The modified flutter is used in cave and cavern diving to reduce the likelihood of a silt-out. Rather than kicking from the thigh the thrust comes only from the knee while the thigh remains stationary and horizontal. The prime muscles involved in producing the knee bend will therefore be the hamstrings (back of thigh), gastrocnemius (calf) and soleus (smaller calf muscle involved in ankle action) followed by the quadriceps to straighten the knee. This style won’t propel you as fast through the water but will rest tired thigh muscles by altering the work load expectation on them. If you are diving in calm, current-free water it is an easy enough style to adopt. It’s also worth using on dives that have a silty bottom composition, especially if you are using the same point for entry and exit and will be retracing your route.
The frog kick uses a completely different set of muscles and is the ideal companion to the flutter kick. It is similar to the breaststroke style kick. Legs move from being extended straight along the midline of the body, knees then flex to assist a leg spread as wide apart as is comfortably possible and feet are rotated so that the bottom of the fins face each other. The power comes from the action of forcing the legs closed again and displacing the water between the fin blades. Even though the quadriceps are still used in this movement they are no longer the prime movers but become assistors and the emphasis changes instead to the adductors (inside thigh), abductors (outside thigh), gluteals (buttocks) and the hip rotators.
This is not a recommended style of kicking however if you suffer from either a groin injury or lower back stress (it can shorten the deep muscles within the sacro-iliac joint leading to sciatic nerve compression).
Interestingly, in swimming, the breaststroke kick produces about 70% more propulsion than any other kick stroke. It is upper body strength that dictates speed which is why crawl is the fastest stroke. Female divers adapt particularly well to the frog kick as their pelvis is wider and more flexible than males.
When we look at temperature regulation the most crucial area physiologically is our central core. This includes all the vital organs, spine and central nervous system. The core is prioritised naturally to keep it a constant 37° C. This means that the temperature of the extremities, skin, adipose and connective tissue is less important and can therefore be allowed to fluctuate to protect the inner core.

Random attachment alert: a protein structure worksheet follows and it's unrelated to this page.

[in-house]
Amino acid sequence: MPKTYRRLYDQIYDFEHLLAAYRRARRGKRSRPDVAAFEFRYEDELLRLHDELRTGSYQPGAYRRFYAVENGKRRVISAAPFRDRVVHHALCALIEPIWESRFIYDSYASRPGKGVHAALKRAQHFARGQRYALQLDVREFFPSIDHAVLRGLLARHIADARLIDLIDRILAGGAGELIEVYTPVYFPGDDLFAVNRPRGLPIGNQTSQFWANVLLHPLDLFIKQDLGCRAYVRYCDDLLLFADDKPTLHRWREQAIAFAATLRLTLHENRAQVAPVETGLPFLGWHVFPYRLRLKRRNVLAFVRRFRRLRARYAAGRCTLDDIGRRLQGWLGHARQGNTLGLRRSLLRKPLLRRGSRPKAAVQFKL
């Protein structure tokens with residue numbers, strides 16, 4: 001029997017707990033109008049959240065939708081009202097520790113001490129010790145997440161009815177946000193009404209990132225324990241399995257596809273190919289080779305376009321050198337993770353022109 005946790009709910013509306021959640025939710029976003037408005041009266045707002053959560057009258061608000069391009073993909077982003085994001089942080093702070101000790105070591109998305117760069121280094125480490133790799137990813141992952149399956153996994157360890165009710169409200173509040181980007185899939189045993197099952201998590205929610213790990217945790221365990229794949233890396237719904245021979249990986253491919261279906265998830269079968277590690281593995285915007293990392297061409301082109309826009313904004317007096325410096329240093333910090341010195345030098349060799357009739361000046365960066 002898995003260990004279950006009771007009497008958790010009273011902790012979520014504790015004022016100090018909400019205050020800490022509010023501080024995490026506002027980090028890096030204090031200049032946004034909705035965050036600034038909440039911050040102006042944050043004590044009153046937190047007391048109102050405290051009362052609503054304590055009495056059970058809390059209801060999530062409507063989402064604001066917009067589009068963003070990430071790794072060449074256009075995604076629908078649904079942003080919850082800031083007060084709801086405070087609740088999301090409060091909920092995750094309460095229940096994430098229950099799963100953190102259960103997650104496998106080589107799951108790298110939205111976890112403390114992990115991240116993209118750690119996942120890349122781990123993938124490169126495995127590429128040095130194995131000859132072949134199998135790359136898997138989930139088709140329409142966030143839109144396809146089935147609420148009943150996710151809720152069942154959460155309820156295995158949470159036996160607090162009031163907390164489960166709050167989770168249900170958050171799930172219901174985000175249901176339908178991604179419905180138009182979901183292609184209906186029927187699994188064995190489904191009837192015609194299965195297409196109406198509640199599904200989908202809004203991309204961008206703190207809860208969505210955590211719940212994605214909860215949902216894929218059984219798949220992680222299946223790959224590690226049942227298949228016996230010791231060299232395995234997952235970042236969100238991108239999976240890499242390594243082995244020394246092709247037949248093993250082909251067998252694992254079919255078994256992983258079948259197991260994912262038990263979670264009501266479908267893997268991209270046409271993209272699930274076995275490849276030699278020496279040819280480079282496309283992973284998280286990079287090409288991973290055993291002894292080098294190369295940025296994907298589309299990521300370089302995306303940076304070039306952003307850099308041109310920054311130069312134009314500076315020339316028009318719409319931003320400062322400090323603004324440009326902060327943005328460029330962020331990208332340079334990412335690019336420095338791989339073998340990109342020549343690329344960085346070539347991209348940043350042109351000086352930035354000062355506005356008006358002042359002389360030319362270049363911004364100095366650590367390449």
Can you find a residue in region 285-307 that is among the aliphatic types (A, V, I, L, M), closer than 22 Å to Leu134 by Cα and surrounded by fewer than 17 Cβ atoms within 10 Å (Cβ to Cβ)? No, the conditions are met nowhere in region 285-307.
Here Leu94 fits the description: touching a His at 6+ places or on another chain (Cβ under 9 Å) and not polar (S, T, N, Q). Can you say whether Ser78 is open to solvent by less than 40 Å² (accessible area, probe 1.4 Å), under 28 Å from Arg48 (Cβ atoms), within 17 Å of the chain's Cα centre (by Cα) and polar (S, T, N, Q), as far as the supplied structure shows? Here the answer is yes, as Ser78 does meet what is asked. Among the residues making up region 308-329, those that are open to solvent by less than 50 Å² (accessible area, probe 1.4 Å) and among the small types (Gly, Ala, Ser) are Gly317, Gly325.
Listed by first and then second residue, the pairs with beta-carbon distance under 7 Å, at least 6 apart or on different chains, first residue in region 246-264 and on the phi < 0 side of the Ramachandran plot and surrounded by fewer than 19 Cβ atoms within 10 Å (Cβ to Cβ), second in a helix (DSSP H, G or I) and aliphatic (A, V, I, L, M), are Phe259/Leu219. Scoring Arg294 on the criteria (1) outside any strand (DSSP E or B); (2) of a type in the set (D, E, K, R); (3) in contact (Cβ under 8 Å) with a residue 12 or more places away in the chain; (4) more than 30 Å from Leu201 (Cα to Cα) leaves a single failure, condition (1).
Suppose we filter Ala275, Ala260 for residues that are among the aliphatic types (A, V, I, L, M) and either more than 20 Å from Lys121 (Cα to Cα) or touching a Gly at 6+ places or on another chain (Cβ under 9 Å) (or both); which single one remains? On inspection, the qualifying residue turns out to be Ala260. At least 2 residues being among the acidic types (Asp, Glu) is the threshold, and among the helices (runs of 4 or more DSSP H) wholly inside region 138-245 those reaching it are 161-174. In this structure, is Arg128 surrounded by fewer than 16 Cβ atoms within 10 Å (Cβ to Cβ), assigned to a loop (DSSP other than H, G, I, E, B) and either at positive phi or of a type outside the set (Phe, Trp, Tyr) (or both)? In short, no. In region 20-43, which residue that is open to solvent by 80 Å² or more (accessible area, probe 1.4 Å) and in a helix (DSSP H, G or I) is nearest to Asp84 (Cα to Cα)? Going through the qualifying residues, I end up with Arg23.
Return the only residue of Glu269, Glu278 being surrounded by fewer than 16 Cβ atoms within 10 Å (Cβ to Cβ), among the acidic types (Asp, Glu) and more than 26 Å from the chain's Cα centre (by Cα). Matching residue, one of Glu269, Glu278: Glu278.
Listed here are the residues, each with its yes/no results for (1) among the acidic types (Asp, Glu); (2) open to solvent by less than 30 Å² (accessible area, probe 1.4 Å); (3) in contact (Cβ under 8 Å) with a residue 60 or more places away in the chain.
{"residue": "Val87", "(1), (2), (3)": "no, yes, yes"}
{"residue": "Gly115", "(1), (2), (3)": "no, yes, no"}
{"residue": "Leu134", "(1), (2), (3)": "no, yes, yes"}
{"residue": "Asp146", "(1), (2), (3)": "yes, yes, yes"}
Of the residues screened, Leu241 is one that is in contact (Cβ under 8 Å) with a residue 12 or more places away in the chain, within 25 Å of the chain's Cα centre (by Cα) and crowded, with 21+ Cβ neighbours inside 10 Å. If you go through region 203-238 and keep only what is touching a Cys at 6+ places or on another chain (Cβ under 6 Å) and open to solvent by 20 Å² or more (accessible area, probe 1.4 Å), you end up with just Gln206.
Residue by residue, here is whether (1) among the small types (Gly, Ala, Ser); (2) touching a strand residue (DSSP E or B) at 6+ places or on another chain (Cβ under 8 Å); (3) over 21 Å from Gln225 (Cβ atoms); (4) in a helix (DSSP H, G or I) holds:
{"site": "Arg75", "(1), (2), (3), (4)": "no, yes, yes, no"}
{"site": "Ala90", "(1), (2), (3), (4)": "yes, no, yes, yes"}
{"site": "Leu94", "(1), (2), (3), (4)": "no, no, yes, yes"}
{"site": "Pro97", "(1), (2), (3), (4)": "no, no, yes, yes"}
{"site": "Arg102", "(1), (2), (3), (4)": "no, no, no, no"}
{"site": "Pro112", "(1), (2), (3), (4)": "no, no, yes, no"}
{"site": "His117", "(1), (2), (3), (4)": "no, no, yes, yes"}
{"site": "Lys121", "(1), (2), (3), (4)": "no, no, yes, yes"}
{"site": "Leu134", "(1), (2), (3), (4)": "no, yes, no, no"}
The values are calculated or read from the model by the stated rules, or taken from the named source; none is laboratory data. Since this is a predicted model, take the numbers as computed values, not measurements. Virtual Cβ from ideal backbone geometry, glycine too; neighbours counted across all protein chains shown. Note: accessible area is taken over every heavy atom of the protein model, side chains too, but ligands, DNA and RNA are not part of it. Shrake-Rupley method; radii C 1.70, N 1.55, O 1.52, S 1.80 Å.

Cold environments are known to increase the risk of cramp. This happens as a result of a simultaneous increase in muscle tension while circulation is reduced (vasoconstriction). Body heat transfers outwards as skin temperature unifies with the ambient colder temperature. Exposure suits only delay the length of time this will take. As soon as we have chilled sufficiently we start to shiver. In fact it is our muscles that take the brunt and their reactionary shivering is an attempt to increase body heat by rapidly and repeatedly shaking, using up vital energy supplies. The increased muscle activity can produce up to 18 times more heat than that provided by the same muscles during rest. Heat generated by shivering can easily exceed that produced during moderate exercise. The resultant thermal stress however adds yet a further negative to our already challenged leg muscles making cramp a likely outcome.
In all sports, athletes are more prone to cramp at the start of season or during the preseason run-up when their muscles lack conditioning and are easily fatigued. Cramp tends to strike towards the end of a prolonged spell of exercise when muscle glycogen levels have been depleted.
Serious athletes follow the principle of ‘positive adaptation’ (known as the training effect) to prepare themselves for the specifics of their particular sport. In doing so, the athlete reduces the risk of injury and cramp by becoming fitter. To achieve a training effect, the body needs to be exposed to exertion and effort that is greater than that encountered during the normal activities of daily life. Fitness is assessed by looking at the key components called the 5 ‘S’s which are suppleness, strength, stamina, skill and speed. Speed is the least important component when looking at a divers fitness. The other four aspects however are of equal relevance.
Water is 800 times denser than air which means that our muscles work that much harder against the increased resistance. If you add a strong head-on current, kit bulk and ankle weights to the equation, it is easy to see why being water-fit is so important to a diver. The weightlessness of being in innerspace doesn’t detract from the fact that during a dive there will be major physiological stress on muscle tissue, whether or not you are aware of it.